In the past year, NHPC has completed the dam work of the Kishanganga project under adverse climatic, logistical, and law and order conditions. “I am extremely proud of my team for their grit in braving these challenges. We are at an advanced stage of commissioning one out of the four units of the 800 MW Parbat II Hydroelectric Project,” he says.
Challenges have been an intrinsic part of Joshi’s hydro career. In an outstanding display of commitment, he successfully undertook the highly challenging work of resurrecting the Dhauliganga power station after it was flooded in 2013. Owing to a cloud burst and unprecedented flooding in Uttarakhand, water entered the Dhauliganga power station and submerged all the systems.
Generation at the plant had to be stopped. The damage was considerable, not only to the project but to various ancillary structures of the project including roads, and residential and non-residential buildings. Communication and power supply was completely disrupted in the powerhouse, the dam, the colony and other project areas. “My team and I had to work very hard to restore the functioning of the plant as soon as possible,” he recalls.
Commenting on the “image” of hydropower projects running into protracted delays, Joshi says, “Everyone always talks about the delays in hydropower projects, but no one ever talks about those that are completed on time, despite Herculean challenges.”
Nonetheless, he concedes that there is a need for faster clearances to be given to hydropower projects. “We are following this up with every relevant ministry. We are pushing on all fronts, giving policy inputs, to make sure that hydro projects come up faster,” he says.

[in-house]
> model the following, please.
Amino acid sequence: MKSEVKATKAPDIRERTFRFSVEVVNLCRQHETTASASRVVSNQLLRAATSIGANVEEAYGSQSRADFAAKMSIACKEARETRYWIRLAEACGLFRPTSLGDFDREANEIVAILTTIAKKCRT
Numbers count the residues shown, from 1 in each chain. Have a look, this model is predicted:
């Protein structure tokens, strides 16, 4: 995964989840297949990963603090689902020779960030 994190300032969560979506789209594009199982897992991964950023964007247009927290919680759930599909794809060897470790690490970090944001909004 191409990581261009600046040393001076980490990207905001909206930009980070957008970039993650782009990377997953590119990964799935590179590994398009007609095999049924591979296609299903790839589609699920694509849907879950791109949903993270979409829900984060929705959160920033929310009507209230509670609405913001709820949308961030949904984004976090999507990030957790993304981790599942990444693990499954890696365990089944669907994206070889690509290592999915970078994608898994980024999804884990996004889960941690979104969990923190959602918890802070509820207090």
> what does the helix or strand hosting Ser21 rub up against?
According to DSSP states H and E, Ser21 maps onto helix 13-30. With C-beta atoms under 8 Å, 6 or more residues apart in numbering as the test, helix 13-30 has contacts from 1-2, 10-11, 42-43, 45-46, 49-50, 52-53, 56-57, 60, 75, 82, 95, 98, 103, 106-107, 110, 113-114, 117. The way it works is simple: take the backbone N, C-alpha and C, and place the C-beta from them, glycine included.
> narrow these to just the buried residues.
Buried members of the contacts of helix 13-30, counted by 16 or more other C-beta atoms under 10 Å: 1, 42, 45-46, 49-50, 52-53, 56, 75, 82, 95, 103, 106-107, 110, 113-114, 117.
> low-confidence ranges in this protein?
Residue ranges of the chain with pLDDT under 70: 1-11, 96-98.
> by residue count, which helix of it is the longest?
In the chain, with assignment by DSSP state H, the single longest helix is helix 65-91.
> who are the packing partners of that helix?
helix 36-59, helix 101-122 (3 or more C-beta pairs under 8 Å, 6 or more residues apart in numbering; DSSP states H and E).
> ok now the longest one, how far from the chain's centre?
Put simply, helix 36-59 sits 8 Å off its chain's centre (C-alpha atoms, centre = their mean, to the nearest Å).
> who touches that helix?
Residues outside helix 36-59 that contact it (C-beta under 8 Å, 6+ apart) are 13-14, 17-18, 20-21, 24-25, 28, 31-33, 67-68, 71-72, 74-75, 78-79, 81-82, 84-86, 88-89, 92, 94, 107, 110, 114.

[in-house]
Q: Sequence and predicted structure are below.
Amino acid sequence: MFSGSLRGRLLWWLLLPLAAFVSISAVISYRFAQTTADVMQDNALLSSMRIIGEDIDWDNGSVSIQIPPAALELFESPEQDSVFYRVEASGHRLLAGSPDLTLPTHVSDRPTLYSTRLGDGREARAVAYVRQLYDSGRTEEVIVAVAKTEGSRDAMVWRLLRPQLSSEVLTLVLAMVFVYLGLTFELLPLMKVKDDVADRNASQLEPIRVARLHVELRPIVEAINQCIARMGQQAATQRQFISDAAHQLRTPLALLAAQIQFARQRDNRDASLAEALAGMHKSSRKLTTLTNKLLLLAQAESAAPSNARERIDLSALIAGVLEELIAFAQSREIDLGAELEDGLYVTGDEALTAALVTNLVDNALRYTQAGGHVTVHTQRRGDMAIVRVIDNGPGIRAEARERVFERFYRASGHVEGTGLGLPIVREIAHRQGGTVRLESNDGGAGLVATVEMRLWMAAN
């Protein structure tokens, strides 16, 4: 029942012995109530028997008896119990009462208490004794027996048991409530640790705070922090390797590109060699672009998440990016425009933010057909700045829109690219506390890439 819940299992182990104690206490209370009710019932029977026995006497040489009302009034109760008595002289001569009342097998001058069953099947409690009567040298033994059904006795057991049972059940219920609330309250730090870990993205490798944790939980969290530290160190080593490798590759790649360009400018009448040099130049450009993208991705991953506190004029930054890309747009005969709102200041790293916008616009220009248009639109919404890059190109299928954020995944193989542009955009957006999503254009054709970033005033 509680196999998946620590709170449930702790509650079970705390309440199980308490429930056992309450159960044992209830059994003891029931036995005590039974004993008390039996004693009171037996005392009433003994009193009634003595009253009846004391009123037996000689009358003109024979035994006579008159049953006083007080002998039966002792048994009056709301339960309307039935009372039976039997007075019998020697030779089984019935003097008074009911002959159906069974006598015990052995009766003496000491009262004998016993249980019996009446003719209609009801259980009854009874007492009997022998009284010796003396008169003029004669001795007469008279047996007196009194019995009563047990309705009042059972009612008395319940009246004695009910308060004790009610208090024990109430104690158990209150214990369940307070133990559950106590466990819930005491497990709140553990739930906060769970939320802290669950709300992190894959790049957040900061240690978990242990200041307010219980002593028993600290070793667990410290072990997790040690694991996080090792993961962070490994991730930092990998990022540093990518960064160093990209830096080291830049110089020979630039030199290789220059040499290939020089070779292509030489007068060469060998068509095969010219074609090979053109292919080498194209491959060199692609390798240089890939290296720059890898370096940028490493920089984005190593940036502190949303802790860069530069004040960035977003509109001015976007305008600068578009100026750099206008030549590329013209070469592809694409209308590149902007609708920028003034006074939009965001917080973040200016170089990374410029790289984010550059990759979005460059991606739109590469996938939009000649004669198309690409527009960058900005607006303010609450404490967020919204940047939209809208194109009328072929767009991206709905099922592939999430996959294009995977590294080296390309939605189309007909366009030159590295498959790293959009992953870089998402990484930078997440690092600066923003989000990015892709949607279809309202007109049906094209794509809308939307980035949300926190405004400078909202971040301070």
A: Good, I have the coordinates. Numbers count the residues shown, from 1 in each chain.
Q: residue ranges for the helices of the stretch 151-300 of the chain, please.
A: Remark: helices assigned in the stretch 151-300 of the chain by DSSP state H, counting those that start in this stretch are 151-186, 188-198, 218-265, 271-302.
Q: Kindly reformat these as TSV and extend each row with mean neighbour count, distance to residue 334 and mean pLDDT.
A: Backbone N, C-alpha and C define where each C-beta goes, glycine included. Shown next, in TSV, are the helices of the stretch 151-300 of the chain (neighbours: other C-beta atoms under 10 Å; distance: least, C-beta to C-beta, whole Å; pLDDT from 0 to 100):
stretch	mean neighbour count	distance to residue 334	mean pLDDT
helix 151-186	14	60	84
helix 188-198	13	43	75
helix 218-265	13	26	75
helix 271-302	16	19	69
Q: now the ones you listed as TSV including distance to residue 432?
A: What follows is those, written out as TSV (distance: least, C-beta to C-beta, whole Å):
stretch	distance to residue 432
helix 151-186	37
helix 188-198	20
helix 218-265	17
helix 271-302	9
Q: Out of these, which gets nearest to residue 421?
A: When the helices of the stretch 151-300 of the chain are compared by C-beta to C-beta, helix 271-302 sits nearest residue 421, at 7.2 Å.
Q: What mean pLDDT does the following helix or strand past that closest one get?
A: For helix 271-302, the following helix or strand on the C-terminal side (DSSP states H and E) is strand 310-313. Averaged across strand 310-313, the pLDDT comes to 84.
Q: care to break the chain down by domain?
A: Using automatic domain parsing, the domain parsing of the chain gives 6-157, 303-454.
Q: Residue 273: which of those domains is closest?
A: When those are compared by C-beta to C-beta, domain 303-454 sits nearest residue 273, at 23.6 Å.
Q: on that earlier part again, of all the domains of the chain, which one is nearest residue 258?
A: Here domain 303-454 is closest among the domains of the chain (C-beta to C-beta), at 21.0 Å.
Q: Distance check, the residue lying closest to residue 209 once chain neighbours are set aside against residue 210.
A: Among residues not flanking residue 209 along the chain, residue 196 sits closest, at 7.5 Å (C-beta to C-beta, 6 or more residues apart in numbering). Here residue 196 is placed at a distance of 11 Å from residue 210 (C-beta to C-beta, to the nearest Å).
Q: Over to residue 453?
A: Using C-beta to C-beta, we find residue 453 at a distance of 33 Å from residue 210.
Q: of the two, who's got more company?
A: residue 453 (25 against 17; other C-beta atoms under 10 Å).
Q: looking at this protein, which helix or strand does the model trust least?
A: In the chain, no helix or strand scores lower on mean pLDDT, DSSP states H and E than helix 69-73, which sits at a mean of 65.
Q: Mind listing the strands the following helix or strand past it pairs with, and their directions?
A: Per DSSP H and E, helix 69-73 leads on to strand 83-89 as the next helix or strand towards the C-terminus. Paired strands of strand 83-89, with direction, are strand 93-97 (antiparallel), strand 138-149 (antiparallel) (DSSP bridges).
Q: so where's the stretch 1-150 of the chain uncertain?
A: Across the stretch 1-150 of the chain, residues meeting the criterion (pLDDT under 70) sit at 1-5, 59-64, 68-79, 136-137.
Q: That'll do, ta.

Joshi describes his time at NHPC as “professional bliss”. While the work has been extremely demanding, the corporation – or what he calls “my extended family” – has given him endless opportunities for growth ever since he joined as a trainee.
“All the assignments I was given helped me to grow as a human being as well as a professional. If I had to pick one assignment that was particularly memorable, it would certainly be my association with the design and engineering division of NHPC. To conceptualise a project and finally see it taking concrete shape while tackling all the many uncertainties of hydropower development is an adventurous experience,” he says.
The end-result – bringing light where there is darkness – is hard to beat as a reward. Apart from light, NHPC’s projects are generally located in extremely remote areas and in most cases, the company is the harbinger of change for the local community. “Seeing the development in these areas gives you emotional fulfillment,” he says.
Flexibility is a key feature of how he functions in the office. He believes flexibility is vital to be able to adapt to different scenarios and different teams, and to accommodate different views before finally taking a firm decision.
Joshi has always had faith in his teams, is open to ideas and constantly encourages people to come forward with new ideas. What does he seek from his teams? “Openness and sincerity of purpose are the qualities I seek. I have maintained an open channel of communication with all the employees. I have always laid emphasis on dreaming big and realising dreams, and on doing the right things for the right reasons,” he says.
His recipe for keeping sane despite all the pressures is yoga and pranayam. “They have been a great support to me and I strongly recommend their practice regularly,” he says. “I also like to sing and play musical instruments, besides lazing around with a book, when I get the time.” His wife is a homemaker and his son is a medical officer with the Indian Navy.